Yakima County school-age kids make up 27% of new COVID cases

YAKIMA, Wash. — New data from health officials shows that school-age children now account for at least one in four COVID-19 cases in Yakima County.

“We’re seeing a lot of transmission within the schools and athletics,” said Ryan Ibach, Chief Operating Officer with the Yakima Health District.

Most schools in the Yakima School District returned to in-person learning Tuesday after a week-long period of remote learning brought on by staff shortages due to the spread of the Omicron variant.

However, a total of eight schools did not have enough staff to reopen this week and will continue operating virtually at least through Friday.

“In the last 14 days, there’s been 10,713 cases in Yakima County,” Ibach said. “Of those, 2,852 were school-age kids or 27%.”

Ibach and other health officials provided the latest local updates on COVID-19 during a virtual meeting Wednesday morning of the Yakima County Board of Health. Officials said while other places across the country are starting to see COVID cases decline, that’s not the case locally.

“We’re not yet through this,” YHD Executive Director Andre Fresco said. “My hope is that within the next few weeks or a month, we see a dramatic slowdown, but we’re not there yet.”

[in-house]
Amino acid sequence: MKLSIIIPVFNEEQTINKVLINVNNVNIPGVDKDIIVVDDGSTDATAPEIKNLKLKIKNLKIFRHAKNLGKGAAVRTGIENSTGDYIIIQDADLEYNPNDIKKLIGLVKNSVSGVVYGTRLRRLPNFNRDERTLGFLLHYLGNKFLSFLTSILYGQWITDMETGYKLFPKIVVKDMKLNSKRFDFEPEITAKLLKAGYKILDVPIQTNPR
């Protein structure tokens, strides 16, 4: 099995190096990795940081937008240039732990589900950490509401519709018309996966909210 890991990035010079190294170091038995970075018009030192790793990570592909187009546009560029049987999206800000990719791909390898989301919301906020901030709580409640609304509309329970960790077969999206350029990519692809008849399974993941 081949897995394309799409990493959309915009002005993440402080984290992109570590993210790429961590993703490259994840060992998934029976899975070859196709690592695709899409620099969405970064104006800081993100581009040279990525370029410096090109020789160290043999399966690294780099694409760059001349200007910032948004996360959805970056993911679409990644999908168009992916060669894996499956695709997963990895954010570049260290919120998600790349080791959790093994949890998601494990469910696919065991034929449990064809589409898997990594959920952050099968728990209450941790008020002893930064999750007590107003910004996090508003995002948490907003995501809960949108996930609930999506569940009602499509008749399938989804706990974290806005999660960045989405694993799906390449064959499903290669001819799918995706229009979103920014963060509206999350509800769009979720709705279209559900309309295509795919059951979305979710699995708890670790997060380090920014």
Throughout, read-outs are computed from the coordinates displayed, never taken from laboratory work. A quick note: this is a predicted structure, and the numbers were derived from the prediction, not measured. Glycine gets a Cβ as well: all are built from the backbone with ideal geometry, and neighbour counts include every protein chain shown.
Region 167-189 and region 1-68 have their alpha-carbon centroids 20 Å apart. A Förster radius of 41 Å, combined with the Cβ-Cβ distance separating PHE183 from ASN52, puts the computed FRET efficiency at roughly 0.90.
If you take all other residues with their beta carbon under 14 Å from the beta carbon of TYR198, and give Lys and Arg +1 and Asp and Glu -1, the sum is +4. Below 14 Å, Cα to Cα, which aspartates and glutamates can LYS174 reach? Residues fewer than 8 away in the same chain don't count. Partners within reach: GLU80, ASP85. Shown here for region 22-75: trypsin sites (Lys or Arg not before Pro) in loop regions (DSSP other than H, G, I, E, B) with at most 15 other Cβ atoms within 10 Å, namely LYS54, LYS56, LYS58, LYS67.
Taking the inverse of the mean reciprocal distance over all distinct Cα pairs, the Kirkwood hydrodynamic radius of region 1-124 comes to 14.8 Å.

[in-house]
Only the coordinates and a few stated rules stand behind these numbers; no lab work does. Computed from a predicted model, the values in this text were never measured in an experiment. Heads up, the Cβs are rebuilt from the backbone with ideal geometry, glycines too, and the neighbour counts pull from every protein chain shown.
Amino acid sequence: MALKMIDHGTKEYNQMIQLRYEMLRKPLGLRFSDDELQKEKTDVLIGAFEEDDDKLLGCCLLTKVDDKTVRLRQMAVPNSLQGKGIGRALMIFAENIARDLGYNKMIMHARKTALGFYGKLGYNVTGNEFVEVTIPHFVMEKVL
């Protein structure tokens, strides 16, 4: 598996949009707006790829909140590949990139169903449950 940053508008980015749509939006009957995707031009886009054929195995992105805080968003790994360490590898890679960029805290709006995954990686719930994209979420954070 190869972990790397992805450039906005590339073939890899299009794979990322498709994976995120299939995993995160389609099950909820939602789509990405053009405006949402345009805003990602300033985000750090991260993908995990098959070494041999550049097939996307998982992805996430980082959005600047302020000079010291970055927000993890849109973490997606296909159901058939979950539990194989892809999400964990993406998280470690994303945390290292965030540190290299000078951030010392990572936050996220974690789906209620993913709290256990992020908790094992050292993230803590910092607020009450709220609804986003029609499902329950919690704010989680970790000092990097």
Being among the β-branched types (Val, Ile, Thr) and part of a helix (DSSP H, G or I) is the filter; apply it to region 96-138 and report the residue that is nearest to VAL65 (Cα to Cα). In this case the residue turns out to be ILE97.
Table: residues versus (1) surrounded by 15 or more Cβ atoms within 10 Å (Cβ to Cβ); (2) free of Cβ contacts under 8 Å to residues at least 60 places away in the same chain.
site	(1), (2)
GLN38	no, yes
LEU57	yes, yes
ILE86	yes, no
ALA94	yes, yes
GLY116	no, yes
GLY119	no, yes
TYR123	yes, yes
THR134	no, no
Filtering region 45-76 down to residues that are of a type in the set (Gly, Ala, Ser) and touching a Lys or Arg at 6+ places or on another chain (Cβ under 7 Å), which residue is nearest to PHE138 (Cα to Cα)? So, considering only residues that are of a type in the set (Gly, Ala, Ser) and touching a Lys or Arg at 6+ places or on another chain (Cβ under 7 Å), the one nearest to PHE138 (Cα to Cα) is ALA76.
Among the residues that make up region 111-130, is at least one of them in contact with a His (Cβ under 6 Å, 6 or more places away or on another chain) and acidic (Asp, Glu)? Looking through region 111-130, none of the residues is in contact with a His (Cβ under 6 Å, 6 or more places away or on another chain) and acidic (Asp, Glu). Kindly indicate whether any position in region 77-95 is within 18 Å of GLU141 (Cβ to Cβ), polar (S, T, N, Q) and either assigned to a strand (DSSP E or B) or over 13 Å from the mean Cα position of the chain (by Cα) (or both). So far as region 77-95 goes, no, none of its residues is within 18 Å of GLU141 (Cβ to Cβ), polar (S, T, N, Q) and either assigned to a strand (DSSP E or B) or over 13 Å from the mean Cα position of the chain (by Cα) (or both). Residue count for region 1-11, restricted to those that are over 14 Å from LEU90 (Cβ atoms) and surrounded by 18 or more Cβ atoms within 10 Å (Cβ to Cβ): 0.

On Dec. 20, 2021 there were 48 new cases reported in the county over the weekend. A month later, on Jan. 20, the county reported more than a thousand new cases in just one day and five times as many COVID-19 hospitalizations.

Combined, the three local community-based testing sites — State Fair Park, Yakima Valley College and Sunnyside Community Center — are administering upwards of 1,000 tests per day and are getting positive results for at least half of them.

“We are really in the thick of Omicron,” Fresco said. “We have many, many people who are ill with Omicron in our community.”

The number of breakthrough cases has also increased with the emergence of the new variant, from 613 cases among fully vaccinated people in December to 2,684 cases this month. However, the latest report from the health district shows no significant increase in hospitalization for vaccinated people.

Health officials said while the vaccine doesn’t seem to be as effective at preventing people from becoming infected with the Omicron variant, it’s still just as effective in preventing serious illness or death due to COVID-19.

Additionally, health officials said as the Omicron variant often presents with milder symptoms, they’re seeing fewer deaths due to COVID-19 in Yakima County.

“We’re not losing members of our community dramatically to Omicron, but nonetheless, we have children who are ill, we have family members who are impacted,” Fresco said. “We have people who can’t go to work because they’re sick and we certainly have employers who don’t have enough staff to operate, so it has a dramatic impact on our community.”

The next regular meeting of the Yakima County Board of Health is scheduled for Feb. 23 and will be livestreamed on the Yakima Health District page on Facebook.

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